Published July 17, 2013
Approved Ferndale school budget cuts teacher, secretarial positions
By Joshua Gordon firstname.lastname@example.org
FERNDALE — The Ferndale Board of Education is trying to avoid spending from the school district’s fund balance in upcoming years, and while the new budget achieves this goal, it comes at the cost of teacher and secretary positions.
The board approved the operating budget for the 2013-14 fiscal year during the June 25 meeting, which will see the elimination of 9.2 instructional positions, as well as five secretarial positions.
The proposed budget reflects revenue coming in for the next year at $37,094,805 and expenses of $37,054,448, giving the district a year-end surplus of $30,357. Last year’s budget saw the district spending slightly more than $1.9 million from the fund balance and board President Jim O’Donnell said the goal is to replenish the fund balance slowly over the next couple of years.
“This budget represents the administration and board’s joint view of the best allocation of resources for the coming school year,” O’Donnell said. “While this budget does require reduced expenses in goods and services, as well as a regrettable need to reduce some staff positions, we are continuing to work hard to minimize the impact on current employees.”
The district’s fiscal year runs from July 1 to June 30 of the following year. The board approved both Amendment No. 2 for the 2012-13 operating budget and the upcoming operating budget during the June meeting.
In January, the board voted to use $1.4 million from the fund balance to avoid making any mid-year changes that would have been disruptive to students, educators and administrators. However, a larger-than-expected water bill and a low student count from the Michigan Department of Education raised the fund balance spending to $1.9 million.
The district received a water bill from the city for $225,775, which was $191,090 more than the district had allocated for the bill. And official count numbers came in with 63 full-time equivalent students fewer than the district counted, decreasing the state aid $427,563.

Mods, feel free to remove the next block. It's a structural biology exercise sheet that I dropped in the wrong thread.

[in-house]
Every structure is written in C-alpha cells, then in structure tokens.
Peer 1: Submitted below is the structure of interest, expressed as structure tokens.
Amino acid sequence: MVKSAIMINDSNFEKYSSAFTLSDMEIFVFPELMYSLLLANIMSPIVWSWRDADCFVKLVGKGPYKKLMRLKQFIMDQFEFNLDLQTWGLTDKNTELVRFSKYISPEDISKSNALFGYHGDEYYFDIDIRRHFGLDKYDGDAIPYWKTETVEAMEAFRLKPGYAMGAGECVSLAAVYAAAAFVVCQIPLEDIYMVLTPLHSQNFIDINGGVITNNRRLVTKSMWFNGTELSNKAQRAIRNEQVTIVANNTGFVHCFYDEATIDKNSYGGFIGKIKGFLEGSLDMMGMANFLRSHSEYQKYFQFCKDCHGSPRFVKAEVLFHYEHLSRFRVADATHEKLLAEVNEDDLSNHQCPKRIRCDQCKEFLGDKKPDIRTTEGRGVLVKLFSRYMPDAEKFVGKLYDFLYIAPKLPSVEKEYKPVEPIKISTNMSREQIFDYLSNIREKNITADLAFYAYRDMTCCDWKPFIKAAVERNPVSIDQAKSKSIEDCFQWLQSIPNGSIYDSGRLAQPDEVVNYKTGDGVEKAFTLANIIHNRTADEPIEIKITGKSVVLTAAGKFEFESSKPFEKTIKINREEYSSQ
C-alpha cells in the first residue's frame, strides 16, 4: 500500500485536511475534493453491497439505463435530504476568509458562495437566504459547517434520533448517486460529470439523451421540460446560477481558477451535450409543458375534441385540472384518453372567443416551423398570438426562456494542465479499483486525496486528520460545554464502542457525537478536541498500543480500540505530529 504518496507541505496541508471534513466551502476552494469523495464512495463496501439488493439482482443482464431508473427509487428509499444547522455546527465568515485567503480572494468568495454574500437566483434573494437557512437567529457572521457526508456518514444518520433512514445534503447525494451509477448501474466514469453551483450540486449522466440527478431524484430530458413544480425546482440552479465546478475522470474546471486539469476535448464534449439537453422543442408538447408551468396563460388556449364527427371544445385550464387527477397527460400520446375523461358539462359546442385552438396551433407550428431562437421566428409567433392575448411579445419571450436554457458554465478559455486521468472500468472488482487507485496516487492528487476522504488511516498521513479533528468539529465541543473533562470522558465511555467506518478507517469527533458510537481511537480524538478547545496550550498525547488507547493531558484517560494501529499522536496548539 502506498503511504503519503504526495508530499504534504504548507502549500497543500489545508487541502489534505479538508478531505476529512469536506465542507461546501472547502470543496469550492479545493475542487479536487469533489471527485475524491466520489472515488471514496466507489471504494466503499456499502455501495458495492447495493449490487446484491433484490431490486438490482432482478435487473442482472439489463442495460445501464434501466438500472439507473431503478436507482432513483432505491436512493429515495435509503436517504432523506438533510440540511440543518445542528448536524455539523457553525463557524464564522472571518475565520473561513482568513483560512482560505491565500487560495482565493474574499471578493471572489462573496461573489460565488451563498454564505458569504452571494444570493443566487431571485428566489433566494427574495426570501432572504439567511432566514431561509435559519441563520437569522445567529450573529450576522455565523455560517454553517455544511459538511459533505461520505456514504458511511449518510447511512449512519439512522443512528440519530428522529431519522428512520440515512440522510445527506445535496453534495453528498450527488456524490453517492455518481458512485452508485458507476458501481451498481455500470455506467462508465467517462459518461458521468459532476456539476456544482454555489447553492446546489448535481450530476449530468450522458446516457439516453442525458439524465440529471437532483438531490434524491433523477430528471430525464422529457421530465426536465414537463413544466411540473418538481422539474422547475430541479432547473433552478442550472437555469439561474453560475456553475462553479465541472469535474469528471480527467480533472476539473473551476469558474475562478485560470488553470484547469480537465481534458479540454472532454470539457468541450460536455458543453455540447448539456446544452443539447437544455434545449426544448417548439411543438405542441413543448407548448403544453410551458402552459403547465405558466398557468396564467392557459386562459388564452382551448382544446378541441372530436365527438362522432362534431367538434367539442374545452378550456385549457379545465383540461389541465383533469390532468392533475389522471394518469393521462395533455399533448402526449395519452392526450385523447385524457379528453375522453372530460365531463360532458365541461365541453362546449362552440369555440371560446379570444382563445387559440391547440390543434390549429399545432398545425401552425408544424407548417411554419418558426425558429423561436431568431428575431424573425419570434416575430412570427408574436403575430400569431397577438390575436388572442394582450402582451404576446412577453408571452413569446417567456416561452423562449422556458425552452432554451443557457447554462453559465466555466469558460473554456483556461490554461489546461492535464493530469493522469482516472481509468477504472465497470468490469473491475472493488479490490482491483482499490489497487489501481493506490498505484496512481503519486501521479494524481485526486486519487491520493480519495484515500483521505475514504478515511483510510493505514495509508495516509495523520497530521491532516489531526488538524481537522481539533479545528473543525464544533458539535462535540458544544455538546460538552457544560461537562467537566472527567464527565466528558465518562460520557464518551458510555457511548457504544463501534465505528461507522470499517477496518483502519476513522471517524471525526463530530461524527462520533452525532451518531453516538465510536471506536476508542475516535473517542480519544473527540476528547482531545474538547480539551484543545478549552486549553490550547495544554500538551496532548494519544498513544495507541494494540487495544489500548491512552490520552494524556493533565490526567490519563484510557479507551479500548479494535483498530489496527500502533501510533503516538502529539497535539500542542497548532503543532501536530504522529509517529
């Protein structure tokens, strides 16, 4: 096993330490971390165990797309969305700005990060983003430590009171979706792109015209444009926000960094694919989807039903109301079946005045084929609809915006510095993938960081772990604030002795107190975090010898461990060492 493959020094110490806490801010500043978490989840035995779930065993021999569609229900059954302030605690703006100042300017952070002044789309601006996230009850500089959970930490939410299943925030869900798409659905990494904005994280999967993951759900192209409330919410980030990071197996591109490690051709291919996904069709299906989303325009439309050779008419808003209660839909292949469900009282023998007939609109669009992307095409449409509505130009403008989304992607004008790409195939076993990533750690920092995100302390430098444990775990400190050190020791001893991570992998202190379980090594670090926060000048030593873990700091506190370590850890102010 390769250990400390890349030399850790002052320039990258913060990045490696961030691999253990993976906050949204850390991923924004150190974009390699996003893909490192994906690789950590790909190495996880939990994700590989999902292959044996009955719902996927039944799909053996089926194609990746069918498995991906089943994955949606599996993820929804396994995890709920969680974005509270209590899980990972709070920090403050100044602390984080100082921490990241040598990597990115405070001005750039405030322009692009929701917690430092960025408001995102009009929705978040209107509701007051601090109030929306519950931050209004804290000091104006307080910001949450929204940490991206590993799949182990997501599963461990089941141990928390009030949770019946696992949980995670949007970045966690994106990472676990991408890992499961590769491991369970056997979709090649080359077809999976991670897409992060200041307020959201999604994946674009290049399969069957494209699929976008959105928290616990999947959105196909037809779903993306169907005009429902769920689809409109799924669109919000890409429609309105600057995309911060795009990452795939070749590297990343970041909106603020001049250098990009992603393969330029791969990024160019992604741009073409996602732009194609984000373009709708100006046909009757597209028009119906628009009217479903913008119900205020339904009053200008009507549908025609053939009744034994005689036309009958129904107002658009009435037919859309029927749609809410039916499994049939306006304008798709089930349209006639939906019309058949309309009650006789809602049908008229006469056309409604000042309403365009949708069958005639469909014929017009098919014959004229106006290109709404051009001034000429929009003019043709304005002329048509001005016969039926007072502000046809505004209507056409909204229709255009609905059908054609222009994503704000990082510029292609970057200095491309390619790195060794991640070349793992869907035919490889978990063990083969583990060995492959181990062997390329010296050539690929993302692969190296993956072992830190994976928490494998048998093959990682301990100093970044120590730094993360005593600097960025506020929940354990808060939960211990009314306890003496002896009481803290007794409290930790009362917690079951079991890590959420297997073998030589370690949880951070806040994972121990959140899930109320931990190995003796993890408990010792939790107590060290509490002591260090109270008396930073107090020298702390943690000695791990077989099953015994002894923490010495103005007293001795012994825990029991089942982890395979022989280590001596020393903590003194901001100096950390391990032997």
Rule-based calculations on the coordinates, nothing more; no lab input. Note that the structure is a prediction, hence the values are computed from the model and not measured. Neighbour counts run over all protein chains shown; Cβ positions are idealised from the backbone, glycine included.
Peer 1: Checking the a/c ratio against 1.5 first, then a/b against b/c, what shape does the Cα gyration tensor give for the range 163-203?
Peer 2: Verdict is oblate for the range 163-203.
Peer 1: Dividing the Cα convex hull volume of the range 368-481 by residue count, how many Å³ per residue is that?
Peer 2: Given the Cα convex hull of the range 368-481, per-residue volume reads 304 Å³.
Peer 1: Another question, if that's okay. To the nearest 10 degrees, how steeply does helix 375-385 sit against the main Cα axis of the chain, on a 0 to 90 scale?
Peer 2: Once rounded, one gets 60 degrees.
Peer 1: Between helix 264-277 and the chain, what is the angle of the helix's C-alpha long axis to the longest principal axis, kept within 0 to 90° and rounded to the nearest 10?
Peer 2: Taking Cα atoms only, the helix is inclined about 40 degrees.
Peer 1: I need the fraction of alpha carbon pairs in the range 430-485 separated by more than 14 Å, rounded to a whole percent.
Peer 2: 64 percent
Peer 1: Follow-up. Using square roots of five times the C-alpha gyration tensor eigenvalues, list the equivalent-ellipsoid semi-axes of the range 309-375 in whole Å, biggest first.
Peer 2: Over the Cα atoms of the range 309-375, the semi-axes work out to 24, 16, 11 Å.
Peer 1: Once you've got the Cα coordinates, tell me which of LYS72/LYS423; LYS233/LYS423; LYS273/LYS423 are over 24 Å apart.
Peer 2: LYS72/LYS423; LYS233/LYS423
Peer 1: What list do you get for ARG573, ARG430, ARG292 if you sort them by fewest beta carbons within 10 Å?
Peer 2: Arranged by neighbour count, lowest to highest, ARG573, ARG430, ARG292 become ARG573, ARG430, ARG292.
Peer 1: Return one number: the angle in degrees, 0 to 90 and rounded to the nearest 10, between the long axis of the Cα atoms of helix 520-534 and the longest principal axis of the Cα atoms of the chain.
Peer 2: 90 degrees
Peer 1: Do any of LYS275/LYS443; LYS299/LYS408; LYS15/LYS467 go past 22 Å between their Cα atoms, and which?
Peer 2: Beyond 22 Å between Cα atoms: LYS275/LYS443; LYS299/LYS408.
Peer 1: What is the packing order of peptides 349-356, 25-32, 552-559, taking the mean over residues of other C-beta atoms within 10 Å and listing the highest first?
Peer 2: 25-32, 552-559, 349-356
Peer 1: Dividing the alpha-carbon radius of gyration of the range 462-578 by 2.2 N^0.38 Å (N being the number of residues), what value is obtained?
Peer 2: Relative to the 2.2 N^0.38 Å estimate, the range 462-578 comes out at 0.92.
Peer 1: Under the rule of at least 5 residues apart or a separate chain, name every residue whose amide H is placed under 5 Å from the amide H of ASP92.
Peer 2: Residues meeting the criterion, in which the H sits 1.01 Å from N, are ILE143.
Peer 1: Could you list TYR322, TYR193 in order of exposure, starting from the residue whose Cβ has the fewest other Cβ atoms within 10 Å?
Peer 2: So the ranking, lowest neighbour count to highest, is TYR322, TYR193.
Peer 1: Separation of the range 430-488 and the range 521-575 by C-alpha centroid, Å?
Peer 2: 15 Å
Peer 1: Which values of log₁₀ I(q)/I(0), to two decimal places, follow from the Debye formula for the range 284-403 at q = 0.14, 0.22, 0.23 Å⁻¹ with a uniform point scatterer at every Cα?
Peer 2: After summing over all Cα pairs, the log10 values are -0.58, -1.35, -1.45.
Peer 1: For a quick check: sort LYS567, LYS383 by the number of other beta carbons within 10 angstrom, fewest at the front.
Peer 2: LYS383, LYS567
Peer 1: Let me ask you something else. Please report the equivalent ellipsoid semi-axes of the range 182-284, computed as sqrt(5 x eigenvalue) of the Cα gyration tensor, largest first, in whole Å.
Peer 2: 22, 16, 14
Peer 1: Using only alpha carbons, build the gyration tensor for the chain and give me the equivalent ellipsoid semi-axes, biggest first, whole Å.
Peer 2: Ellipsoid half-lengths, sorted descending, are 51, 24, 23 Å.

The district is appealing both the water bill and the count, and expects to get some money back from both, but the board had to approve a 2012-13 budget that accounted for both, just in case.
“The fact that the water bill came in at what it did, the city thinks it’s an error and we think it’s an error, but we still had to account for that from a budget perspective, because if it isn’t an error, we have to have those funds appropriated to pay the bill,” Superintendent Gary Meier said.
“When you think about using money from the fund balance, you can’t just simply replace that. So we need to make sure we have a balanced budget and incrementally replace the dollars we spent.”
The 9.2 instructional positions include two elementary teachers, 1.5 elementary Spanish positions and six secondary teachers, which saves the district $690,597. The five secretarial positions will save the district $315,241.
Principals and administrators at each school had several meetings discussing possible cuts for the next year. The budget accounts for projected lower-than-normal enrollment numbers, meaning the two secondary schools — Ferndale High School and University High School — were able to cut some sections of subjects that totaled up to the six secondary positions cut.
In the primary school, Meier said classes may have a kid or two more than normal, but the lower projected enrollment numbers meant the board felt comfortable eliminating two elementary teacher positions. The only eliminated positions that should affect the curriculum are the 1.5 elementary Spanish positions.
“The 1.5 elementary Spanish teachers is a reduction, and we acknowledge that it is a program change and there is a number of reasons for that,” Meier said. “Part of the reason is because there is a desire to have more instructional time in reading and math. Programmatically, it is an impact, and some may argue it is one we shouldn’t make, and others might think it is appropriate to have more math and (English Language Arts).”
O’Donnell said the instructional positions that were cut are just part of the budget as a whole and the curriculum change resulting from the cut Spanish positions will allow more time to help the district improve on state test scores.
“This really is an example of how the budget is done in a holistic way,” he said. “There is talk about the need for more time with core classes and the need to improve scores and reduce the achievement gap. The primary constraint on that is the instruction time.”
One of the secretarial positions eliminated was vacant, so there is a possibility only four layoffs may be necessary. The number of layoffs necessary will depend on how many current secretaries may take the severance incentive, which may result in no layoffs, which will be handed out at the end of July.
As for the teachers, Meier said if enrollment numbers are higher than projected in the fall, some positions might be brought back to provide the best possible educational opportunity for the students.
“It’s a tight budget, there is no question about it, and we’ve had to squeeze as much as possible in certain areas to align it and make it work,” Meier said. “It is a workable budget, but one we have to monitor with our principals and our staff along the way. Our goal is to provide a full-service school district and we’ve made a conscious decision to find a way to make it similar in service to what the students received the year before.”